February 25, 2014
As part of the ICC’s African-American History Month celebrations, Texas Tech University’s Office of International Affairs and The CH Foundation will host a discussion on the slave rebellion on Saint-Domingue, now known as Haiti, by the university’s own Erin-Marie Legacey.
The event begins at 5:30 p.m. Wednesday (Feb. 26) in Room 105 of Texas Tech’s International Cultural Center (ICC), 601 Indiana Ave.
Legacey will discuss The Haitian Revolution in Global Perspective. The most successful slave rebellion of its time took place in the French colony of Saint-Domingue and culminated in the creation of the Republic of Haiti. Its impact was felt worldwide, and it received particular scrutiny in the Southern, slave-holding states of the U.S.
“For abolitionists, the Haitian Revolution was a great source of inspiration,” Legacey said. “In 1804 Haiti became the first state that was created to explicitly reject slavery. It even inspired conspiracies and slave uprisings in the early 19th-century American South. On the other hand, many southern slave owners were absolutely terrified by the events in Saint-Domingue and seriously feared that the revolution would spread to the American South, particularly after thousands of refugees immigrated to escape the violence in Haiti. For many in this group, the violence that had accompanied the uprising in Haiti was used as justification to maintain the institution of slavery in the South.”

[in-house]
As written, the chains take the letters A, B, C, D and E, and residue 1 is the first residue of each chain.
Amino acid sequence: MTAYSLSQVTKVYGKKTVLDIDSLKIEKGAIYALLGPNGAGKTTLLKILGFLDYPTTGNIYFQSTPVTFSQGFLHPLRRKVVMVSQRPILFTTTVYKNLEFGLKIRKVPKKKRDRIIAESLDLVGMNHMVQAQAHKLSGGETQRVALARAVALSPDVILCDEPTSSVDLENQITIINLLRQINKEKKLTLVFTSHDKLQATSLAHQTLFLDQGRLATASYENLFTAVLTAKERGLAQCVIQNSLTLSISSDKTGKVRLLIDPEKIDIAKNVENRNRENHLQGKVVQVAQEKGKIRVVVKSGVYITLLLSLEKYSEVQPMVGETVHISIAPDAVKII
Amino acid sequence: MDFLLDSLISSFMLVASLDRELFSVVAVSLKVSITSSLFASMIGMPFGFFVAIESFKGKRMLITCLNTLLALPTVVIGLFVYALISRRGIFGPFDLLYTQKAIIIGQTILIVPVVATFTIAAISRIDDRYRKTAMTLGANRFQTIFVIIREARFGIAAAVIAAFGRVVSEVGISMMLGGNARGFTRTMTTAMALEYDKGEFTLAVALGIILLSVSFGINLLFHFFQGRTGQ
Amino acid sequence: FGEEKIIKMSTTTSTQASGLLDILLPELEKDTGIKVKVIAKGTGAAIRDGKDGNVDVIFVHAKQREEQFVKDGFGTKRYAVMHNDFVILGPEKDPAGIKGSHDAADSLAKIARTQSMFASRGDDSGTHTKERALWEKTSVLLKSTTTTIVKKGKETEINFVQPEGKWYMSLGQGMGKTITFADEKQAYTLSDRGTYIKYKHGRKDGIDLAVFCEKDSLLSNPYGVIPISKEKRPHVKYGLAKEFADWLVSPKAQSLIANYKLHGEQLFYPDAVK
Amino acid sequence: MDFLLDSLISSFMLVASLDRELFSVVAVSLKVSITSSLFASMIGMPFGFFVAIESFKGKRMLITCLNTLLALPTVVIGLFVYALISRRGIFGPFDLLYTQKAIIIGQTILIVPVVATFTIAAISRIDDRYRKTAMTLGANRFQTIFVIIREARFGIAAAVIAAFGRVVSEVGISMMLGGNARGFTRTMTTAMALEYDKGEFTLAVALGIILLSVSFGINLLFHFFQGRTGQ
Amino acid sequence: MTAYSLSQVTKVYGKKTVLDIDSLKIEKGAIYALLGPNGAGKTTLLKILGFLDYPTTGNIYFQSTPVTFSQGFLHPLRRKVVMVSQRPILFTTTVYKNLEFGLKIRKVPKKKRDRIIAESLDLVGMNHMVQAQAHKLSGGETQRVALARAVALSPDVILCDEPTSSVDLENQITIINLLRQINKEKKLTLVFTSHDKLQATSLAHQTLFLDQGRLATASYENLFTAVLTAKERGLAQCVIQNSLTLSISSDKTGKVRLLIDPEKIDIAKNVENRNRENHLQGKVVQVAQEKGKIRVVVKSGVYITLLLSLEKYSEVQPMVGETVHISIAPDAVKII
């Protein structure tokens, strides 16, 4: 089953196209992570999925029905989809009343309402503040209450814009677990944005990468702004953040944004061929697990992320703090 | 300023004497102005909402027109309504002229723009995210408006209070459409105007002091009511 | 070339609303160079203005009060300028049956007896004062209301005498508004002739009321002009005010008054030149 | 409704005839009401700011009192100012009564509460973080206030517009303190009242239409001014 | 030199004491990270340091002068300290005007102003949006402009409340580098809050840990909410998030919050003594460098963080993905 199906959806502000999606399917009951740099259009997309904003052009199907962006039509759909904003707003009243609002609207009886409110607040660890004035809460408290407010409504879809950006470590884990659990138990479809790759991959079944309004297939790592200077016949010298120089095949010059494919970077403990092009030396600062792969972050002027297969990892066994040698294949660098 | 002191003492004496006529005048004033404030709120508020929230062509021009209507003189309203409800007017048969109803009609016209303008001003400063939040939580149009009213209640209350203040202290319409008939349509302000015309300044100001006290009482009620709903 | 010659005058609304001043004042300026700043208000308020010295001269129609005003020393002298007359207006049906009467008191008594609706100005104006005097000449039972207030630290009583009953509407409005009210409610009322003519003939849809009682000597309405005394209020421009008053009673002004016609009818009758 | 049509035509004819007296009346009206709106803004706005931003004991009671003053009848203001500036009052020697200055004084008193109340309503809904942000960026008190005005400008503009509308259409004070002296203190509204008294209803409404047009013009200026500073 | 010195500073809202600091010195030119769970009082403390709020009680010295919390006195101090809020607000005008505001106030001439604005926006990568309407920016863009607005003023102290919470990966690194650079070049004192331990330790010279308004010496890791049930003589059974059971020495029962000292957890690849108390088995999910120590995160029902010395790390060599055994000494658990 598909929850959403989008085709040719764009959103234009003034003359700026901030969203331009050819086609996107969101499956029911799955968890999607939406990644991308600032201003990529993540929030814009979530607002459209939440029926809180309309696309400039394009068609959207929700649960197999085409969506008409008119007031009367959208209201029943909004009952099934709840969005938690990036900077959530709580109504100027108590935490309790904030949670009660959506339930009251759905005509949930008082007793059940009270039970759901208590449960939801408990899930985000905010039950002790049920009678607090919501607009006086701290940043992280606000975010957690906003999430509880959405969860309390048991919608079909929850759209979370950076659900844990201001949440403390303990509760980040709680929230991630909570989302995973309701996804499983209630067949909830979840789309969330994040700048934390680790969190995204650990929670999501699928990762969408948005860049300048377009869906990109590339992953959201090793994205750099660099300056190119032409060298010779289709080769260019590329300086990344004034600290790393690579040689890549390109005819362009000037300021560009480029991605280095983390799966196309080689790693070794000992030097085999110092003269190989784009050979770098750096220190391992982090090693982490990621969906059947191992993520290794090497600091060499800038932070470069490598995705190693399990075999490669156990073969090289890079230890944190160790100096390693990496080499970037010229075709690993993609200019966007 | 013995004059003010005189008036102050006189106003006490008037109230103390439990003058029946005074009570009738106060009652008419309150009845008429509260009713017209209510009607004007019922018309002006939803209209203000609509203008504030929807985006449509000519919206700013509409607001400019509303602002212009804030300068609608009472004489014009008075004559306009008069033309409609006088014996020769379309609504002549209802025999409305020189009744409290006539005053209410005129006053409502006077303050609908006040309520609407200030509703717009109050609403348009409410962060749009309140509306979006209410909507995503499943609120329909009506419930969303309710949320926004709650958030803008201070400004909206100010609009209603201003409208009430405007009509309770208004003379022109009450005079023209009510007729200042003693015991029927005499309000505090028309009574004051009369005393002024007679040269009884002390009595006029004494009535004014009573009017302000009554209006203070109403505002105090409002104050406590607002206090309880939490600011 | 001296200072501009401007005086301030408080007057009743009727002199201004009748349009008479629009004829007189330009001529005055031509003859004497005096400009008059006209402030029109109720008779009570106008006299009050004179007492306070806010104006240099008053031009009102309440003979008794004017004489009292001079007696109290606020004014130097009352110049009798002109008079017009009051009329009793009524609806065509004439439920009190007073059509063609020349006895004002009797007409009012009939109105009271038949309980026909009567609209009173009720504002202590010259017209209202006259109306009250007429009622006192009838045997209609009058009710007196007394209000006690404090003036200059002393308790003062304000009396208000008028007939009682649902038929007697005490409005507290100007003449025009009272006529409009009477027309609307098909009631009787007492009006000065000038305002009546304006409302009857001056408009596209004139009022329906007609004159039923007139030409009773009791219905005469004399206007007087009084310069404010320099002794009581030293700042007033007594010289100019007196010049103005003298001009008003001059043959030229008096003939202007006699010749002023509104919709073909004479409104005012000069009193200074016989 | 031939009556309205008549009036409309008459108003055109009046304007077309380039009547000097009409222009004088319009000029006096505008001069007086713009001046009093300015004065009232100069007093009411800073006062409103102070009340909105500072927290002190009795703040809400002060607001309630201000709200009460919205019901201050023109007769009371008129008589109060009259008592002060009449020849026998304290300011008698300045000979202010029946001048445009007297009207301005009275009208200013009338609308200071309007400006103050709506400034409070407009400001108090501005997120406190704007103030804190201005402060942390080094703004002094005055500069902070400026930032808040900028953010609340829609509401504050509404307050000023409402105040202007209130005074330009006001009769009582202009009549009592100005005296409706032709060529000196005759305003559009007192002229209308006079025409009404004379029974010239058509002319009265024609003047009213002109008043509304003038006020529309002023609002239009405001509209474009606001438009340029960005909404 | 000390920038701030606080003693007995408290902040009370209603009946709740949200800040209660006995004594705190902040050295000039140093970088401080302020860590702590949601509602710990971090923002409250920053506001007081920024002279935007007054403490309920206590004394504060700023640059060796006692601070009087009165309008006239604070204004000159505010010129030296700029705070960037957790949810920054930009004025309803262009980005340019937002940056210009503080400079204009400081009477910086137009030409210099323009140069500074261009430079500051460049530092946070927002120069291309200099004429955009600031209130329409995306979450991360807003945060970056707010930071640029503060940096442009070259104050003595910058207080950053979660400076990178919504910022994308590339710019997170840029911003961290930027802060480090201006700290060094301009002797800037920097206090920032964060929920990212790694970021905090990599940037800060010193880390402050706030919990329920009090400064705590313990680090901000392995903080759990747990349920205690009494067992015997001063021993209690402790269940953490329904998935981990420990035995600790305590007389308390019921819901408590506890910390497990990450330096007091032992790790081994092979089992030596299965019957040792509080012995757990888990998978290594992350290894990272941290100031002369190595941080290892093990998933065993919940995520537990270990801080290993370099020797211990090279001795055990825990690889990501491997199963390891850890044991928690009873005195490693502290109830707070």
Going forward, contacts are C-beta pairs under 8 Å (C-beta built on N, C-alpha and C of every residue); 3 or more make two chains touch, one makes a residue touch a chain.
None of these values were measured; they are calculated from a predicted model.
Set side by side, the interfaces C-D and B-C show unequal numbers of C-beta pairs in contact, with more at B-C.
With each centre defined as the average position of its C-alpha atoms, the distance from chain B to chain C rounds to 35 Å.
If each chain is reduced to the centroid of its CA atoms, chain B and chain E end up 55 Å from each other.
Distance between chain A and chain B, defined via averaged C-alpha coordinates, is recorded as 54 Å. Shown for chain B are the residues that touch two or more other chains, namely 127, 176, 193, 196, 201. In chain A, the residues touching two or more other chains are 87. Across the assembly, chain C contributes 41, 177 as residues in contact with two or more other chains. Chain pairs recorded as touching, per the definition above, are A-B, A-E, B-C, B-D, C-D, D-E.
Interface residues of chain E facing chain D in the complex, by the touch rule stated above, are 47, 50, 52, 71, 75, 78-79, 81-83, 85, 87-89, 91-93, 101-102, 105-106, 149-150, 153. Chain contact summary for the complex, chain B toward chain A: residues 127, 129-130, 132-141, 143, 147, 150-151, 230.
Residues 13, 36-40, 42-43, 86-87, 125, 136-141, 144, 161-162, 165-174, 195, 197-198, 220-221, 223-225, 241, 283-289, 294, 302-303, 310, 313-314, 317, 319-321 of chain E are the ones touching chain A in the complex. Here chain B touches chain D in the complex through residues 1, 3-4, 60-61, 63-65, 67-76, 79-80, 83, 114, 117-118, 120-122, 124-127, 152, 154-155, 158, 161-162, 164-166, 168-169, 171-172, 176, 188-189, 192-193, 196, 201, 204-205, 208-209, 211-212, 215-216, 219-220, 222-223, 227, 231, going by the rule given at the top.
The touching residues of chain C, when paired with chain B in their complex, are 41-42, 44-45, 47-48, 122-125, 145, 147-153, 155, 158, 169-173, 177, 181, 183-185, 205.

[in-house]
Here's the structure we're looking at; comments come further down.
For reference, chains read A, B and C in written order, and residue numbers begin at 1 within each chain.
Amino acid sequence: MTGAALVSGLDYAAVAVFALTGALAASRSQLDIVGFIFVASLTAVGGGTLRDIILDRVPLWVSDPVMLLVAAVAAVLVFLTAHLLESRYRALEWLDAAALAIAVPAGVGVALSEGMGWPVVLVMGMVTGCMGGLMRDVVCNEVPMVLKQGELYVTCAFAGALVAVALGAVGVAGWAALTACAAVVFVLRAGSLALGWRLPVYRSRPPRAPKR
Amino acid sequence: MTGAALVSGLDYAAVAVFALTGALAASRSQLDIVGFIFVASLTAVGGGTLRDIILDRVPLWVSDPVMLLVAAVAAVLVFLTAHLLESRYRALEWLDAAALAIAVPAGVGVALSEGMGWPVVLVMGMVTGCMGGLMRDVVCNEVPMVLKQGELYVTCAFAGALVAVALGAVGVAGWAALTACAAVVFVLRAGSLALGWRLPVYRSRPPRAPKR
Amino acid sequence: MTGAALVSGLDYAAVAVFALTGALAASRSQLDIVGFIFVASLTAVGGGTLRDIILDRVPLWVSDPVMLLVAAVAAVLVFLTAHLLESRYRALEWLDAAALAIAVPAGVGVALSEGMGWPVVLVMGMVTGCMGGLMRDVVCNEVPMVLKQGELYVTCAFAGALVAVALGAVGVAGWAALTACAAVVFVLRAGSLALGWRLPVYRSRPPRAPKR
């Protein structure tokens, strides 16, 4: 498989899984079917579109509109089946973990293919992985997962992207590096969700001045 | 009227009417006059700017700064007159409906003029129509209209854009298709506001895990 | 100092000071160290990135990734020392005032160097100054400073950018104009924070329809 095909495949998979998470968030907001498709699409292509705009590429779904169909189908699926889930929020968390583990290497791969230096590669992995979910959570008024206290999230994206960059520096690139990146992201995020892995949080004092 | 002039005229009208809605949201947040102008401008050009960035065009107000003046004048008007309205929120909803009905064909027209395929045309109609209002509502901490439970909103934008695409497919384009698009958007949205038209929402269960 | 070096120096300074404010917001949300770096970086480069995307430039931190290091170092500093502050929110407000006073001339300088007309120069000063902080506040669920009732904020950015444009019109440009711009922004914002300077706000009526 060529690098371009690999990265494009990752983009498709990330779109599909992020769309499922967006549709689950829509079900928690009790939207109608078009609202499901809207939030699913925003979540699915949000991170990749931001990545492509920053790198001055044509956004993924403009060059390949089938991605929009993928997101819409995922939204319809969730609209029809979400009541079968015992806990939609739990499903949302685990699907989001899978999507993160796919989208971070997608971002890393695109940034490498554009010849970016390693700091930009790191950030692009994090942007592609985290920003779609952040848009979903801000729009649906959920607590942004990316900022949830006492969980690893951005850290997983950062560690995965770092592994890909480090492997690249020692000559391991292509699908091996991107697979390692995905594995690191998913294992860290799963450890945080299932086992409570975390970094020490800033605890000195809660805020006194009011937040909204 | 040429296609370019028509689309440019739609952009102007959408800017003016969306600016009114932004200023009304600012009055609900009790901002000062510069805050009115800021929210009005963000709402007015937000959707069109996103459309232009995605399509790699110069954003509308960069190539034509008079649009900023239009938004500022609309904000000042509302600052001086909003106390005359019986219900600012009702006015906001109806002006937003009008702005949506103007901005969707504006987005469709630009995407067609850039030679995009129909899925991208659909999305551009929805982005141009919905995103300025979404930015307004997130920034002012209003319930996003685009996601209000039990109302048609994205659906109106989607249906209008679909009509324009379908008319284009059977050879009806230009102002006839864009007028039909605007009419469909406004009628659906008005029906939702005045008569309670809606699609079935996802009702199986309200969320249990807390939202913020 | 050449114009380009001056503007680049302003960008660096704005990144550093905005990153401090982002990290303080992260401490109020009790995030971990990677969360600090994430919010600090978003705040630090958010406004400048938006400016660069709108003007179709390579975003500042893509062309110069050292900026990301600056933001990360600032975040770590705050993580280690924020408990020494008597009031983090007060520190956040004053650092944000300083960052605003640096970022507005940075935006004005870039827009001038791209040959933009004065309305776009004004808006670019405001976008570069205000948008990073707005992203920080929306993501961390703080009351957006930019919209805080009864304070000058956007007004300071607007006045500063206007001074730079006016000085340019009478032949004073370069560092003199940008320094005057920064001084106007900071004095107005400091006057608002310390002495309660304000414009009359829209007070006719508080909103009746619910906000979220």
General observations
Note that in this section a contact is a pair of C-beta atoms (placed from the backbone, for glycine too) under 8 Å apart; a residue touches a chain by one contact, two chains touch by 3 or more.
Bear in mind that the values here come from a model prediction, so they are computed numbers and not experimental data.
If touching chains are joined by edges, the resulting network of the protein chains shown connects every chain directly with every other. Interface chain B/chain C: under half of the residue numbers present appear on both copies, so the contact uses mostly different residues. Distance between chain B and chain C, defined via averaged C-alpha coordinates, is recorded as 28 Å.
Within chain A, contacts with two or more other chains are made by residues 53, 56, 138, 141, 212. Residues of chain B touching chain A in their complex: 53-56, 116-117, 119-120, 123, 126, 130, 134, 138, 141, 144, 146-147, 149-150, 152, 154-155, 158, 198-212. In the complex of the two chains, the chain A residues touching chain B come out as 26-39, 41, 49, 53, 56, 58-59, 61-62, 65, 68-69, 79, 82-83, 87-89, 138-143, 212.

Legacey’s talk will look at connections between the revolution in Haiti and the Revolution in France that preceded it, and explore the longer-term impact of the Haitian Revolution on Europe and the Americas. She also will situate the events in Saint-Domingue in a broader context by examining the global causes and effects of the Revolution by discussing the relationship between the French and Haitian Revolution and Haiti’s influence on 19th century abolitionist movements in North and South America as well as Europe.
“I turned to the History Department’s French historian, Dr. Erin-Marie Legacey, as she was the natural choice to give this presentation examining the connections between the revolution in Haiti and the revolution in France, and its longer term impact on Europe and the Americas,” said Jane Bell, director of the ICC. “A discussion about the Haitian Revolution seemed like a perfect way for the International Cultural Center to celebrate African-American History Month. The events in Haiti had a profound impact on the American mind and were a constant reminder of the possible outcome of any society built on a foundation of slavery.”
The event is free and open to the public. For more information, call (806) 742-2917 ext. 232.
The Texas Tech University College of Arts & Sciences was founded in 1925 as one of the university’s four original colleges.
Comprised of 16 departments and more than 400 tenured faculty members, the College offers a wide variety of courses and programs in the humanities, social and behavioral sciences, mathematics and natural sciences. Students can choose from 41 bachelor’s degree programs, 34 master’s degrees and 14 doctoral programs.
With just under 11,000 students enrolled, the College of Arts & Sciences is the largest college on the Texas Tech University campus.Twitter